Interesting evidence suggesting that the last date of a coin in a hoard might not be that suggestive of the date the hoard was buried. Although the date of the latest coin is most certainly the terminus post quem, nonetheless the actual dating of the hoard burial might be even a century later, as indicated in this instance by other evidence; a third century coin hoard cut into fourth century archaeology.

News: How do you date a hoard? The case of Bredon Hill : Current Archaeology:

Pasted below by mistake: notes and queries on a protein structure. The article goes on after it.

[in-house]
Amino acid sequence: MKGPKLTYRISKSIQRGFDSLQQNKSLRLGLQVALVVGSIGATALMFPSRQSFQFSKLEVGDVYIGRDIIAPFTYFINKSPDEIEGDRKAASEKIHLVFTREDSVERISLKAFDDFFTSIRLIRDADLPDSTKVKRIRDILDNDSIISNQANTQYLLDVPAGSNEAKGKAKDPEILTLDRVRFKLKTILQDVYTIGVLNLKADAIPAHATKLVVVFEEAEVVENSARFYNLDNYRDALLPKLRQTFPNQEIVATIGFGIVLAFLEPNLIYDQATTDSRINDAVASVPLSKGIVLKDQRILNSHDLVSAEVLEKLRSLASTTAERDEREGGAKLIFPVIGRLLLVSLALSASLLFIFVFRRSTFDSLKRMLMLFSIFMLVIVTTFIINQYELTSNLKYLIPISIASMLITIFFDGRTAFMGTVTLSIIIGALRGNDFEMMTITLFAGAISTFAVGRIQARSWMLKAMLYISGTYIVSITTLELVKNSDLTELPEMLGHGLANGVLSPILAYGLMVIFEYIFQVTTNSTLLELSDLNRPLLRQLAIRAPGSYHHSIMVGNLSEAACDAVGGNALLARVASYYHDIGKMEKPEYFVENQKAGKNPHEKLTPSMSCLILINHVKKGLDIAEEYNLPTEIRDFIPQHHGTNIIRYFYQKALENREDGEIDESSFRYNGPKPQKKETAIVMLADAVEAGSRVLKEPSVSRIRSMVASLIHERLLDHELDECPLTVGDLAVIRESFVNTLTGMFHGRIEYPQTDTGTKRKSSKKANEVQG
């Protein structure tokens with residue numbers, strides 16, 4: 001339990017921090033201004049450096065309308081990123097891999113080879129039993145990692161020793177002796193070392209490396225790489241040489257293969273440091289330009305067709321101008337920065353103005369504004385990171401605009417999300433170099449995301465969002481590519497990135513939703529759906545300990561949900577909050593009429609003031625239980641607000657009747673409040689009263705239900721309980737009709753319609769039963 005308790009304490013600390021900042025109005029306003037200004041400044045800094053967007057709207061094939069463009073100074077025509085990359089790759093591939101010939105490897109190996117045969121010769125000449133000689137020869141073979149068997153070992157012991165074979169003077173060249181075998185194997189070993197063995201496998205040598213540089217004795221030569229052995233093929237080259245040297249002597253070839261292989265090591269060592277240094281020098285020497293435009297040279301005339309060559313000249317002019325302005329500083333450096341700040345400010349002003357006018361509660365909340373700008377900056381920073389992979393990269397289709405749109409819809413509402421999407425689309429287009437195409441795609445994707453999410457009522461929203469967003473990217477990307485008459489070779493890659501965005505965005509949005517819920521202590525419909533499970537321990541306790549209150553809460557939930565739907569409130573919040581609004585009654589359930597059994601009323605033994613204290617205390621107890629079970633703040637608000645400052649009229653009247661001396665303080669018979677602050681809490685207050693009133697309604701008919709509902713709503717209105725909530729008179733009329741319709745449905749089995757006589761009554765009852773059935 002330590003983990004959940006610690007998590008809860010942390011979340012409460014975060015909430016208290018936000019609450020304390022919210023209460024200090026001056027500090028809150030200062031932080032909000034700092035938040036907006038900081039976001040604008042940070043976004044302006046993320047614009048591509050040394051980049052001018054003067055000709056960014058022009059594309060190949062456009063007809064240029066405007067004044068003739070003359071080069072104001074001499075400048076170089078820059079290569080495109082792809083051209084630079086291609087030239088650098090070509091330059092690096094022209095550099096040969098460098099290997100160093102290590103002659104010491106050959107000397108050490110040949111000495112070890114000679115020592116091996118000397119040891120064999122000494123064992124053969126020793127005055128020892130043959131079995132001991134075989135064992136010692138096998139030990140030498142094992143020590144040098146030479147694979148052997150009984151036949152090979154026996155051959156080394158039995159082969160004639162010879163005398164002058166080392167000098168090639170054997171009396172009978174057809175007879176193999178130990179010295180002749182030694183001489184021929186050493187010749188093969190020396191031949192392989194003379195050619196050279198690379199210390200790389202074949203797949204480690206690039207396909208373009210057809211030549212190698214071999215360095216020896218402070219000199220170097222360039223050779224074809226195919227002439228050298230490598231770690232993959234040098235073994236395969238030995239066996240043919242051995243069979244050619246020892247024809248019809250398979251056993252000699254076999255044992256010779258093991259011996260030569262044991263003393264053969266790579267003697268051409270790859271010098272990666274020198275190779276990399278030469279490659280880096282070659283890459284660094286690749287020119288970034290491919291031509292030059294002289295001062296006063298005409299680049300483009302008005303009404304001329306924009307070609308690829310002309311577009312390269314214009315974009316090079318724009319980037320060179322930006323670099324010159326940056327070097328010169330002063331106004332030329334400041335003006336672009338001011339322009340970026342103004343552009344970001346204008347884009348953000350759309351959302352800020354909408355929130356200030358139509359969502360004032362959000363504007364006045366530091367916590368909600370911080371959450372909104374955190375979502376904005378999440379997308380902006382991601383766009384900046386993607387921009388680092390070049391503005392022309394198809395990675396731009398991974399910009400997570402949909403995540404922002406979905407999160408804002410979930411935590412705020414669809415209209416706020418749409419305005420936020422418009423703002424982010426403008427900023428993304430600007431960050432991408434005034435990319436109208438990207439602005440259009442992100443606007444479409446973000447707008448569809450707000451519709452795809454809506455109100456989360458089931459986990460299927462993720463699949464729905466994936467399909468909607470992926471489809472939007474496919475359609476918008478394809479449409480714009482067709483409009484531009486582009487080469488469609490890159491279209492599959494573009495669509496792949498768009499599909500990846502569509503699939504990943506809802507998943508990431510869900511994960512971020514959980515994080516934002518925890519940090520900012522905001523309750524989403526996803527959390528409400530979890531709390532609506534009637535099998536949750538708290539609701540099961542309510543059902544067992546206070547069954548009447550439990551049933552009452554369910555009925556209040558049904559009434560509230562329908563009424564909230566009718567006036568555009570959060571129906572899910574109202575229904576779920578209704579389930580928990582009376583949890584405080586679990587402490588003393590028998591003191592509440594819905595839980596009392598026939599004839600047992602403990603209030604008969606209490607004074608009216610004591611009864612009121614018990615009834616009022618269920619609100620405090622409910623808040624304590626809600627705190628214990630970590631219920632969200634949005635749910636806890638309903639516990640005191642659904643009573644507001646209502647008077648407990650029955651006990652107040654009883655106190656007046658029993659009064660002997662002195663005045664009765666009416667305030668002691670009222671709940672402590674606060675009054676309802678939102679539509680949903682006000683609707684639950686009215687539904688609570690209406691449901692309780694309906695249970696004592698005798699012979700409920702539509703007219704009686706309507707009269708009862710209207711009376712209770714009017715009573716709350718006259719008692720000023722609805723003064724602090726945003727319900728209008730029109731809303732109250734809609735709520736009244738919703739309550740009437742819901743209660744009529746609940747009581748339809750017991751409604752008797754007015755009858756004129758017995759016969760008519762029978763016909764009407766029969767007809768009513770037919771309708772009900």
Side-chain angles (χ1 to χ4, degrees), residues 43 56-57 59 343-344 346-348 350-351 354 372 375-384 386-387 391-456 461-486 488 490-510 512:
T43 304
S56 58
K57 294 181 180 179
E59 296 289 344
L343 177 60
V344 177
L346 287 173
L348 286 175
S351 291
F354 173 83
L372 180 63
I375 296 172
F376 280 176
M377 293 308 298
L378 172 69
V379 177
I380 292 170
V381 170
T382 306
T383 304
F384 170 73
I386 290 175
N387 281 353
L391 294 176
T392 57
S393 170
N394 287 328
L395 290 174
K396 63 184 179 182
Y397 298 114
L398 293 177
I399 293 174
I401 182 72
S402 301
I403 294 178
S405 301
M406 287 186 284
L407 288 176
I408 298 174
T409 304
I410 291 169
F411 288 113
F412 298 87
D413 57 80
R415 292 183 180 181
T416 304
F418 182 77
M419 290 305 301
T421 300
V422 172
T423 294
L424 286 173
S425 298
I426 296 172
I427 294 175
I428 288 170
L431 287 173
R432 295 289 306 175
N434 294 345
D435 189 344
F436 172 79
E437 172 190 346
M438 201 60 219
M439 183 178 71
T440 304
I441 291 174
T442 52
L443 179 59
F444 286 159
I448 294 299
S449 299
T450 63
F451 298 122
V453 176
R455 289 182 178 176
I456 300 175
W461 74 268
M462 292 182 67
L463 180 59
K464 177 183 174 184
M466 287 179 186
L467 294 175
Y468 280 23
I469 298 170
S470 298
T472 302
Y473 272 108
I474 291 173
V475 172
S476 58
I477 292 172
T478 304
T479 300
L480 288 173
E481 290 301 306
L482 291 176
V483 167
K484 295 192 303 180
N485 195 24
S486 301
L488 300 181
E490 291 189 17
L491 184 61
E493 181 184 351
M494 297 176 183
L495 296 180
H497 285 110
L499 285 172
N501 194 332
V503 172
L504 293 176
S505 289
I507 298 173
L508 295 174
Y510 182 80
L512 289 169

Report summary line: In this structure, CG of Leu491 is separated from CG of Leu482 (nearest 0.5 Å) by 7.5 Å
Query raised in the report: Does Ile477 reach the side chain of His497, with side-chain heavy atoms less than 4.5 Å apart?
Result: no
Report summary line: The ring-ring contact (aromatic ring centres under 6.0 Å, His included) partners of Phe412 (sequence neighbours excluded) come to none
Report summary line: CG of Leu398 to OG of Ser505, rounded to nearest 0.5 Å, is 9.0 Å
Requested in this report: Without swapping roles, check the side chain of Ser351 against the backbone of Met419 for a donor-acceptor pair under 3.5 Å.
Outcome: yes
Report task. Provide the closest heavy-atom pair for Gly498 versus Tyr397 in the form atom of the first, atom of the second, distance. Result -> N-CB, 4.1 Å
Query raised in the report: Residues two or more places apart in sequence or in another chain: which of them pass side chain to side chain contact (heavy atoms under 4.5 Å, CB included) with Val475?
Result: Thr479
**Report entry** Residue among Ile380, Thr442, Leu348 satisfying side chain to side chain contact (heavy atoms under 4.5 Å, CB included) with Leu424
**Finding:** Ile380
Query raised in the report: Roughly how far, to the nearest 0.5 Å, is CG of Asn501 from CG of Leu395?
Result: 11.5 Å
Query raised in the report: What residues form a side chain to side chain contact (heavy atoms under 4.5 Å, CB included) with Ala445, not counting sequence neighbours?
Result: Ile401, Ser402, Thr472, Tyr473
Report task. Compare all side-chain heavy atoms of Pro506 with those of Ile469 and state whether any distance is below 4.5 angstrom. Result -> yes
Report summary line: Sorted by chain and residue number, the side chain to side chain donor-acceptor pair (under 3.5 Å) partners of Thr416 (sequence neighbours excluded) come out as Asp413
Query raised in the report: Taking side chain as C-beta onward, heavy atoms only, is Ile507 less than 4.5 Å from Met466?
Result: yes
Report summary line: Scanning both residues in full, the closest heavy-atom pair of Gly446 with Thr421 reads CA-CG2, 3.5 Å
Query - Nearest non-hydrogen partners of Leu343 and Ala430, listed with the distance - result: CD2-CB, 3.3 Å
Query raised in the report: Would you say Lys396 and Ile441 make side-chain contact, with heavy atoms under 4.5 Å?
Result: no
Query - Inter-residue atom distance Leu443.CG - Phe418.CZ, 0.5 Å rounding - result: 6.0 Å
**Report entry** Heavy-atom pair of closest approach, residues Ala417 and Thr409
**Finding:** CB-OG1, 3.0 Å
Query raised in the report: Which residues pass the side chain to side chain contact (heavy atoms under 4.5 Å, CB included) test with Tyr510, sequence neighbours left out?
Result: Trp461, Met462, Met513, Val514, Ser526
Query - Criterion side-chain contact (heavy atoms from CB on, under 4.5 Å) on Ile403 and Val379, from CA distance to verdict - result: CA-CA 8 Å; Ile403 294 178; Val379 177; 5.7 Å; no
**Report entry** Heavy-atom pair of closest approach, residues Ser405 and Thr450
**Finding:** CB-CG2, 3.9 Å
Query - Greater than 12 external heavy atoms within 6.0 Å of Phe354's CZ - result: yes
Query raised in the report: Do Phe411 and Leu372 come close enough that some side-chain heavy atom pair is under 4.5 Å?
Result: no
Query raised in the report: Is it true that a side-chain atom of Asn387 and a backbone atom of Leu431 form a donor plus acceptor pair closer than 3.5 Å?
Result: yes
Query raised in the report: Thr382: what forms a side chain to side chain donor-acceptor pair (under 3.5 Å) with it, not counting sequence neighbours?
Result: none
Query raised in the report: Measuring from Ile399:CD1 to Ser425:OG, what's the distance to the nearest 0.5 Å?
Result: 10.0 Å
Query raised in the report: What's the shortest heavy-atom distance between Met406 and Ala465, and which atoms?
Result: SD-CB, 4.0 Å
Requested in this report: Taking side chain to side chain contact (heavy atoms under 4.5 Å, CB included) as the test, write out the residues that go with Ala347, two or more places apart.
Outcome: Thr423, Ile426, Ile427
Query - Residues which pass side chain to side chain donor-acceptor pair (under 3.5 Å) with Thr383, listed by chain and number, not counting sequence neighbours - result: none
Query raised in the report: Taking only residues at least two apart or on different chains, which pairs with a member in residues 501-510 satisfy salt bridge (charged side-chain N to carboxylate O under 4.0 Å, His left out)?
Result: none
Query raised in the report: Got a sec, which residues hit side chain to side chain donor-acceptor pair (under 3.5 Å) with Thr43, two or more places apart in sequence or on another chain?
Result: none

A two-week excavation by Worcestershire County Council Historic Environment and Archaeology Service then opened a small trench over the find spot which revealed that, unusually, the hoard had been buried in the ruins of a late 2nd-3rd century Roman villa. Furthermore, while the coins ranged in date from AD 244-282, they lay in a pit cutting through a layer of soil containing 4th-century pottery and a coin dating to c.AD 355-361. This suggests the hoard may have been buried as much as a century after the minting of the latest coin.

(Via Current Archaeology.)